Kediliappar, Keezh Velur, Tiruvarur


Basic information about the temple

Moolavar:KediliapparAmbal / Thayar:VAnamulai Ambal, Sundara Kuchambal
Deity:SivaHistorical name:TirukkeezhveLur
Vriksham:Pushkala VimanamTeertham:Saravana Poigai, Agni Teertham
Agamam:

Age (years):

Timing:6 to 12 & 5 to 9Parikaram:

Temple group:Paadal Petra Sthalam (Kaveri Then Karai)
Sung by:

Sambandar, Appar

Temple set:

Navagraham:

Nakshatram:

City / town:Keezh VelurDistrict:Tiruvarur
Maps from (click): Current location Nagapattinam (14 km)Tiruvarur (16 km)

Mayiladuthurai (48 km)Kumbakonam (54 km)

Location

Sthala puranam and temple information

When the churning of the ocean was taking place, two drops of amritam fell on Bharata Varsha – one in the north and one in the south – which sprouted into Badari trees (Ilandhai, in Tamil). The place in the north where the nectar fell, is today called Badarikashramam (Badrinath), and this place (Keezh Velur) is the place in the south.

Two kings were separately cursed by sages to become donkeys, which were used by a trader to carry his wares. When the trader came to this place, the donkeys drank water from the temple tank, and got the power of speech as well as knowledge of their past. They started talking to each other, upon seeing which, the trader was terrified, and ran away. The donkeys started walking around the temple, when a celestial voice told them to drink water from the temple tank for five days starting with the full moon day in the Tamil month of Aadi (July-August). They did so and regained their original forms.

Siva here is worshipped as Akshayalingeswarar or Kediliappar, which mean the same in Sanskrit and Tamil respectively. “Kshaya” or “Kedu” refers to destruction, and so “A-kshaya” and “Kedu-ili” mean the opposite. There is also an association of this temple with Kubera, the god of wealth and plenty, and hence, a-kshaya (see box).

At this place, Kuberan came down in person to help a needy person called Chandragupta. On Akshaya Tritiya day, Kuberan worshipped Siva here, and was rewarded with the nine wealths, and also Sanga Nidhi and Padma Nidhi. Due to this connection, this temple is also regarded as a Kubera sthalam, and Kuberan has a separate shrine at this temple.

As with the Navaneetheswarar / Singaravelar temple at nearby Sikkal, this temple is also connected with Murugan’s slaying of Soorapadman. In order to wash off the sin of the killing, Murugan came here with his helpers. As guided by Siva, he bathed in the pond and created a murti of Vinayakar using turmeric (this temple is nearby, at a place called Manjadi). Murugan then asked Mayan, the celestial architect, to build a beautiful temple with a Pushkala Vimanam. Murugan also created the temple’s main Teertham – the Saravana Poigai – with his Vel, and hence the name of the place – Velur (as Velur grew westwards, this temple’s location automatically became the lower part of bigger village, and hence Keezh Velur). His helpers each also created their own Teerthams. Then Murugan began his penance, but was being disturbed the evil spirits of Veerahathi (the sin). So, he prayed to his mother Parvati, who in Her form as Bhadrakali, covered the five regions (four directions and the sky above), enabling Murugan to complete his worship. Kali at this temple is called Anjuvattathu Amman (anju = five, and vattam = region, in Tamil), who has a separate shrine in the north-east portion of the temple.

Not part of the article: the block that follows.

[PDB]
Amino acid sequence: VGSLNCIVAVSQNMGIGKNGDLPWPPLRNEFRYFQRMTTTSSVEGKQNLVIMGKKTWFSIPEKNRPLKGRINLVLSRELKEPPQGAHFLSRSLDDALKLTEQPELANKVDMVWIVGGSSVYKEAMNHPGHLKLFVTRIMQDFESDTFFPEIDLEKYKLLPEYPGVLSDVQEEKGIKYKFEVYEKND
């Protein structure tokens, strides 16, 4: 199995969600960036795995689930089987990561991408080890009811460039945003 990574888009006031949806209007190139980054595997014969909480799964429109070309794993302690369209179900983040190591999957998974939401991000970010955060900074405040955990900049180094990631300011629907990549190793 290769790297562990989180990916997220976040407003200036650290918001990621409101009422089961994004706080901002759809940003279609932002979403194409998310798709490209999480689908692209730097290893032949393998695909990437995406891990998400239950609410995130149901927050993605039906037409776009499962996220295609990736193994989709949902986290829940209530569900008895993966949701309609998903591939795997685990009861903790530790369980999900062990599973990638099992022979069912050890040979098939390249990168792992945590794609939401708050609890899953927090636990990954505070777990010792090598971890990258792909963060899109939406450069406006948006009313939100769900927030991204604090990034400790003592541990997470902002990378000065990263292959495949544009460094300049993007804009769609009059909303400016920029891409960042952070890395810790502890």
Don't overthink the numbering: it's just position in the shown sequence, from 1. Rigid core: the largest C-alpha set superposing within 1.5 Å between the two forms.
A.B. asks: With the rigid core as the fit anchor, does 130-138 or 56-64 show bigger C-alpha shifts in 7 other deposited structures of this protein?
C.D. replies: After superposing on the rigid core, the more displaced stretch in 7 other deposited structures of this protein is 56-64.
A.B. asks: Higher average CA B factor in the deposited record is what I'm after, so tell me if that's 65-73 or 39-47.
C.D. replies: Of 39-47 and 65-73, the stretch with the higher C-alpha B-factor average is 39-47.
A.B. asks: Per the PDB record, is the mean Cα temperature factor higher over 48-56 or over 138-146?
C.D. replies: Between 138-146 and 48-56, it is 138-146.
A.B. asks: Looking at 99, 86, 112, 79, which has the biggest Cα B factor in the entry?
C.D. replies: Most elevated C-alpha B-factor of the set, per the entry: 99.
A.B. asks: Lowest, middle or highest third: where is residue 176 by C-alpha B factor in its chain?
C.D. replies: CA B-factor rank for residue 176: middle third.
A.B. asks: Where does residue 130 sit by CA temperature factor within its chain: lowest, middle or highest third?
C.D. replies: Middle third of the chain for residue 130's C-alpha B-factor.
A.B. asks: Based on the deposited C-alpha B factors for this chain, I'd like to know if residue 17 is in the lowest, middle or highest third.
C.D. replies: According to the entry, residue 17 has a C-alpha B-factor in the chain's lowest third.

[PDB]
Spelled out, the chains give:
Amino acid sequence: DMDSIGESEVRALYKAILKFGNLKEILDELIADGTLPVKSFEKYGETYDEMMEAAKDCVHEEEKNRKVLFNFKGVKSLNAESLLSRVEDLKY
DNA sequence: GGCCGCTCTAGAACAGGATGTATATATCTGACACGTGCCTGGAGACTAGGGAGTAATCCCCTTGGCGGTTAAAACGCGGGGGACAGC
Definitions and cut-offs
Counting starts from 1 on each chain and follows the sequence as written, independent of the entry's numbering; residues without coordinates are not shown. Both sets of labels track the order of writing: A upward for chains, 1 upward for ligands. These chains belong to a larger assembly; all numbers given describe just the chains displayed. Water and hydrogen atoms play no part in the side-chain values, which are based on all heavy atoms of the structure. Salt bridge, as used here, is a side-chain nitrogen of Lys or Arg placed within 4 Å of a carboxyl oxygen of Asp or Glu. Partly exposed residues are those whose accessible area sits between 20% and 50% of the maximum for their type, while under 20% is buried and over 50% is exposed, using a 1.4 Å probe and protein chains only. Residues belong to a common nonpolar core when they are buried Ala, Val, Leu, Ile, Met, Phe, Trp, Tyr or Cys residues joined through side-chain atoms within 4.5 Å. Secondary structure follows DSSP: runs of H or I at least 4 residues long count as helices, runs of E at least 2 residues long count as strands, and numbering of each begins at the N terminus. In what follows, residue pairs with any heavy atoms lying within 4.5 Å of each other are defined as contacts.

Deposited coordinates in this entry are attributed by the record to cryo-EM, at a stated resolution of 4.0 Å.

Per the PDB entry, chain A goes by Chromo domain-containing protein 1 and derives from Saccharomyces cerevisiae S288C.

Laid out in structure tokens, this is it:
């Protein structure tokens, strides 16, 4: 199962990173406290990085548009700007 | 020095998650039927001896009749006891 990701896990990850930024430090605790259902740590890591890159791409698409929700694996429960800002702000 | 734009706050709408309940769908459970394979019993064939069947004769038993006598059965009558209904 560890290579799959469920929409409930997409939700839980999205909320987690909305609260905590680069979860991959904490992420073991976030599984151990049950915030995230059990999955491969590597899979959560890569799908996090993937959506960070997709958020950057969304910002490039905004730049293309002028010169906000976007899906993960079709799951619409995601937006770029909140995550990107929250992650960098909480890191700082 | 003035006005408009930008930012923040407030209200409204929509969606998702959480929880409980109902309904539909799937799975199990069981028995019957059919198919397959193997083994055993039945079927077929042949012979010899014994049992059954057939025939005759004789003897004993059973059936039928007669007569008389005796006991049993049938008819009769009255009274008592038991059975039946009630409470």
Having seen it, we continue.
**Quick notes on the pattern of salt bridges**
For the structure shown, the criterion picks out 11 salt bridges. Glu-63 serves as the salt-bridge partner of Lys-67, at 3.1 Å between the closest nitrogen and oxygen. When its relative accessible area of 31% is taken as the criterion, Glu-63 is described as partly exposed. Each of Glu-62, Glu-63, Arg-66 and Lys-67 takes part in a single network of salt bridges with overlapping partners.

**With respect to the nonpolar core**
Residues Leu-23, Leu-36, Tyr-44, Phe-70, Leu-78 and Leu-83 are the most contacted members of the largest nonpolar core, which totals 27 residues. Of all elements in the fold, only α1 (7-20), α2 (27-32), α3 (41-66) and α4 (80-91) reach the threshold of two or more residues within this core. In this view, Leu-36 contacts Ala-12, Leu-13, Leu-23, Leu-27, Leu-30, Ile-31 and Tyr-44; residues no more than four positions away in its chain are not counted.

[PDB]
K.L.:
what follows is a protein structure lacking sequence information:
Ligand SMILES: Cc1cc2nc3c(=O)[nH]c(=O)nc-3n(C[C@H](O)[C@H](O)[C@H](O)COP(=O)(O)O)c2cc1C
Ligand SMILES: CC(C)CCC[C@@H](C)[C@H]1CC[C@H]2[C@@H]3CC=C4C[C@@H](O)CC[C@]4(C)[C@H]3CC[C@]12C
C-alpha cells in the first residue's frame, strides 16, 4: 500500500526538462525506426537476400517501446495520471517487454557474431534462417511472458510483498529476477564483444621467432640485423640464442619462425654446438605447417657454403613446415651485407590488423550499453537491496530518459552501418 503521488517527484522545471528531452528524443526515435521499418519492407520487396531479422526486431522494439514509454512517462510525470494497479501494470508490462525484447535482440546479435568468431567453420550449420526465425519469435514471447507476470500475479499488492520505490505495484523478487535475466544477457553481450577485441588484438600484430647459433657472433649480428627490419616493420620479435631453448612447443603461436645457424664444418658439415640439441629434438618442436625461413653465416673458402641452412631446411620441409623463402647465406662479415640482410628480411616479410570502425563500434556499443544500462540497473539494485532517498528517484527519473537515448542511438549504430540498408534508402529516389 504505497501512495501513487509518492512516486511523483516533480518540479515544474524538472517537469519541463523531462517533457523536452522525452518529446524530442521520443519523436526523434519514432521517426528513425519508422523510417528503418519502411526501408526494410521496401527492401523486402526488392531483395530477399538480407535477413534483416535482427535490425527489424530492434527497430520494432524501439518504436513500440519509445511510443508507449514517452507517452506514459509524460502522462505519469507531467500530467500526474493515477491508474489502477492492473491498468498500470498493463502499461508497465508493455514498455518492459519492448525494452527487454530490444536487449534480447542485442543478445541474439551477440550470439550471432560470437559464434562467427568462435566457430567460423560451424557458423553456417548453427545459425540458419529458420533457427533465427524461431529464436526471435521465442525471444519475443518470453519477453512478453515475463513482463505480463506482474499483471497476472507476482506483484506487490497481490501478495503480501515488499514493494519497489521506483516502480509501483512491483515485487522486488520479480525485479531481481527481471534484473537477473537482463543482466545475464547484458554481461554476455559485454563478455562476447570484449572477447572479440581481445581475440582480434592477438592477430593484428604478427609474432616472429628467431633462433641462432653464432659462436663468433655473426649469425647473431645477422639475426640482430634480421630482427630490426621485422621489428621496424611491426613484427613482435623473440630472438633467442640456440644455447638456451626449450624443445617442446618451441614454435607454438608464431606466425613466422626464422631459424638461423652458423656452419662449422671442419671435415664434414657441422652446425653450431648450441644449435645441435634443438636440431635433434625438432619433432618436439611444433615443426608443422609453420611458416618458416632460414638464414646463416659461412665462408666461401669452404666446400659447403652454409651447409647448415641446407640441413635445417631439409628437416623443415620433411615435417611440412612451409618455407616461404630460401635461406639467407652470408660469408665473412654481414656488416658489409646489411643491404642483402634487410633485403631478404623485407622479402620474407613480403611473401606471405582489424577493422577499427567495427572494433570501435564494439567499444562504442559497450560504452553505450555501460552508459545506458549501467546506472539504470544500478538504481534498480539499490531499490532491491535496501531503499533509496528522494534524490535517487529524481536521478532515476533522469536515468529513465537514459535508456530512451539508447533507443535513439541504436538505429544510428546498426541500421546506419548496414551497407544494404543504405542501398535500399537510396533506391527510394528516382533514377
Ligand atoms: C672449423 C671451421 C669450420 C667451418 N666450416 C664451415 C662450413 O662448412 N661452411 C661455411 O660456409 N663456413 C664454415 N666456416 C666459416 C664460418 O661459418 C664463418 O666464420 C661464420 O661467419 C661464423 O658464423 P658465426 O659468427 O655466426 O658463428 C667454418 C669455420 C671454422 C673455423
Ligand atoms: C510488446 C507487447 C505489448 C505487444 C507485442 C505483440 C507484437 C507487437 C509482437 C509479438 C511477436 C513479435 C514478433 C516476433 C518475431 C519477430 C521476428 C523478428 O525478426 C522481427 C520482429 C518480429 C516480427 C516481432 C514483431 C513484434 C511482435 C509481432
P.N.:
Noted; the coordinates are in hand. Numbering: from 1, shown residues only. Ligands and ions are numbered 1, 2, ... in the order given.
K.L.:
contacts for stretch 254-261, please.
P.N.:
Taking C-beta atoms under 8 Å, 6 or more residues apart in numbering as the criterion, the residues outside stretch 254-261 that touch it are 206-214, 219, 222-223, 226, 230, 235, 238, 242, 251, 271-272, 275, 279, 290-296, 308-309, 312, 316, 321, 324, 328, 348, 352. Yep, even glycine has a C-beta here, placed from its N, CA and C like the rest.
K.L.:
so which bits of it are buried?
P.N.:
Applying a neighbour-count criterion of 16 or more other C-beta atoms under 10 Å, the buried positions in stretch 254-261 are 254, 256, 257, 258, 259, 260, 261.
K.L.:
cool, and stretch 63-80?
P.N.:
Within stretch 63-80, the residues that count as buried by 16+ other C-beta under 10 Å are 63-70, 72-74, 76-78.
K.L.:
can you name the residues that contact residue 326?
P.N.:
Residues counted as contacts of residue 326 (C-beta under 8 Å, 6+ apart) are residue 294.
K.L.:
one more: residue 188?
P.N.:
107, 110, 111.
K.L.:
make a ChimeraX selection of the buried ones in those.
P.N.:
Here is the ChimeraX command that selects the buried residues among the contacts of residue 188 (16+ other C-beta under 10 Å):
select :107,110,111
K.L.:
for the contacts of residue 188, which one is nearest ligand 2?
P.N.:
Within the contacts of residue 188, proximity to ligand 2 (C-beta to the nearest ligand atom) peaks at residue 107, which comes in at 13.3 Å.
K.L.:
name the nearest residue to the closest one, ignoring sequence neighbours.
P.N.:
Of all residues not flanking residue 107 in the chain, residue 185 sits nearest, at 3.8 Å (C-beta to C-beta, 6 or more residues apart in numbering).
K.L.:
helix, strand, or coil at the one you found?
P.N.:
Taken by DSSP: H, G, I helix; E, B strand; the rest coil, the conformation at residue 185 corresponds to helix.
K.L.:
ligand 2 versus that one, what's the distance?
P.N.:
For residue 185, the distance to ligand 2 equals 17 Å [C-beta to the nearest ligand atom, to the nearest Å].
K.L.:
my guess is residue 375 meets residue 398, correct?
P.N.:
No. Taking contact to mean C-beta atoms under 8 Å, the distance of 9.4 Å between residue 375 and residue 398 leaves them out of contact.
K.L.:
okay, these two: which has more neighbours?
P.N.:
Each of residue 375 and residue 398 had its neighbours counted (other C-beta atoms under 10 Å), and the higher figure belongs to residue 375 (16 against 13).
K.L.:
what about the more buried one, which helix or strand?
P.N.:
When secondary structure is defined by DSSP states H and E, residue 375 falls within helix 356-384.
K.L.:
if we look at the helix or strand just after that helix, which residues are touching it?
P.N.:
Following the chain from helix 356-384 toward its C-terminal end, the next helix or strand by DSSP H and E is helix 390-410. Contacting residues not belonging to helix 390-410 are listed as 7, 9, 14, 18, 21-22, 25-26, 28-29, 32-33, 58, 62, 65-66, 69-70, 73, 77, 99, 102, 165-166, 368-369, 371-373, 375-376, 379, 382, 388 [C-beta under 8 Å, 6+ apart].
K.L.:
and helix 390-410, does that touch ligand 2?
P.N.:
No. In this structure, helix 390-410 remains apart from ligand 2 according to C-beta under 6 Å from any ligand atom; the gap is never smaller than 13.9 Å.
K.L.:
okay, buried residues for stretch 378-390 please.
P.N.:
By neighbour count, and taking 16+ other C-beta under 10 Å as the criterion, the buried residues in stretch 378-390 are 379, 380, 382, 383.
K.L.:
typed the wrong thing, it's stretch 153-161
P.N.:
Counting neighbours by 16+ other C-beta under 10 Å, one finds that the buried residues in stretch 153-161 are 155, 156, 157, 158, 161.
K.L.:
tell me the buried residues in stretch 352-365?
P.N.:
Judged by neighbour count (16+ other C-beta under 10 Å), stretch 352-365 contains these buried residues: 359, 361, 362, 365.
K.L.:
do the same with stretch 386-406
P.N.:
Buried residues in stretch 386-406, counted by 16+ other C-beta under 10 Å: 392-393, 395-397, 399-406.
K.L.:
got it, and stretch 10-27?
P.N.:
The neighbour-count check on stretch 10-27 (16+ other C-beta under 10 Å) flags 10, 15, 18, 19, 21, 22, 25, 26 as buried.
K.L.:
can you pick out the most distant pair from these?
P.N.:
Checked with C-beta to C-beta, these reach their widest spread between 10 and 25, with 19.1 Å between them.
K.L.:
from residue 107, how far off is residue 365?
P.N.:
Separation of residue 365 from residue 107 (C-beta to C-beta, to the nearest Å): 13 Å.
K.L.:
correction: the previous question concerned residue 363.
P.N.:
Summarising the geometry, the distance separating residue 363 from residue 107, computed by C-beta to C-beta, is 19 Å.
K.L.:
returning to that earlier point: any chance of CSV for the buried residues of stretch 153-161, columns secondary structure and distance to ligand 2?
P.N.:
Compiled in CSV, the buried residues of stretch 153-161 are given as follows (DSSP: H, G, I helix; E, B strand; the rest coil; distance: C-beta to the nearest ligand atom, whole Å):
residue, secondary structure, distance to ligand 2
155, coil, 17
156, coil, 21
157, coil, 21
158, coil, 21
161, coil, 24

Anjuvattathu Amman does not receive usual abhishekam; instead, sambrani ennai (oil extracted from frankincense) is used, since the murti is made of plaster and not stone. Murugan at this temple is depicted as a youth, performing penance, and the murti of Murugan here and at Tiruchendur are said to have been crafted by the same sculptor. Vinayakar here is named Badri Vinayakar, after the Ilanthai tree.

Sage Markandeyar was advised by Siva to come here at the time of pralayam, as this was a place that would not be destroyed by the floods. Siva – as Natarajar – also performed a tandavam here, for sage Agastyar, who was able to sight Natarajar’s right foot. In this tandavam, Siva touches His right foot with all 10 of His hands.

The temple is built on what used to be a small hillock, called Chitrakootagiri. This is one of the 78 maadakoil temples built by Kochchenga Cholan. Inscriptions in the temple also refer to Raja Raja Chola I and a Thanjavur Maratha king named Thulajaji. In the Tevaram, Sambandar refers to this temple as Peruntirukkovil. This temple has also been sung upon and glorified in Muthuswami Dikshitar’s kriti, Akshaya Lingo Bhava.

The shrines of both Siva and Parvati face east, with the Goddess’ shrine to the right of the moolavar, indicating this to be a Kalyana Kolam depiction. There is a Lingam under the temple’s sthala vriksham, which is said to have been worshipped by Agastyar. The temple also features a unique Navagraham arrangement, with the nine planets in a row, rather than their typical square formation. In addition, the temple has some stunning architecture, including Veenadhara Dakshinamurti and Bhikshatanar.

The nine Teerthams established by Murugan and his retinue are today named: Saravana Poigai, Brahma Teertham, Sesha Teertham, Agni Teertham, Soorya Teertham, Chandra Teertham, Yama Teertham, Indra Teertham, and Kubera Teertham.

Other information for your visit

The evening haarati and puja rituals, which take place around 6 pm, is breath taking to watch. Devotees can schedule their visit accordingly, if that is possible.

Contact

Balasubramaniam Gurukkal: 96886 22618.

Gallery

Author: TN Temples Project

A personal project to catalogue information on temples (both mainstream and off-the-beaten-track), so that people can learn about them and visit those temples more regularly.

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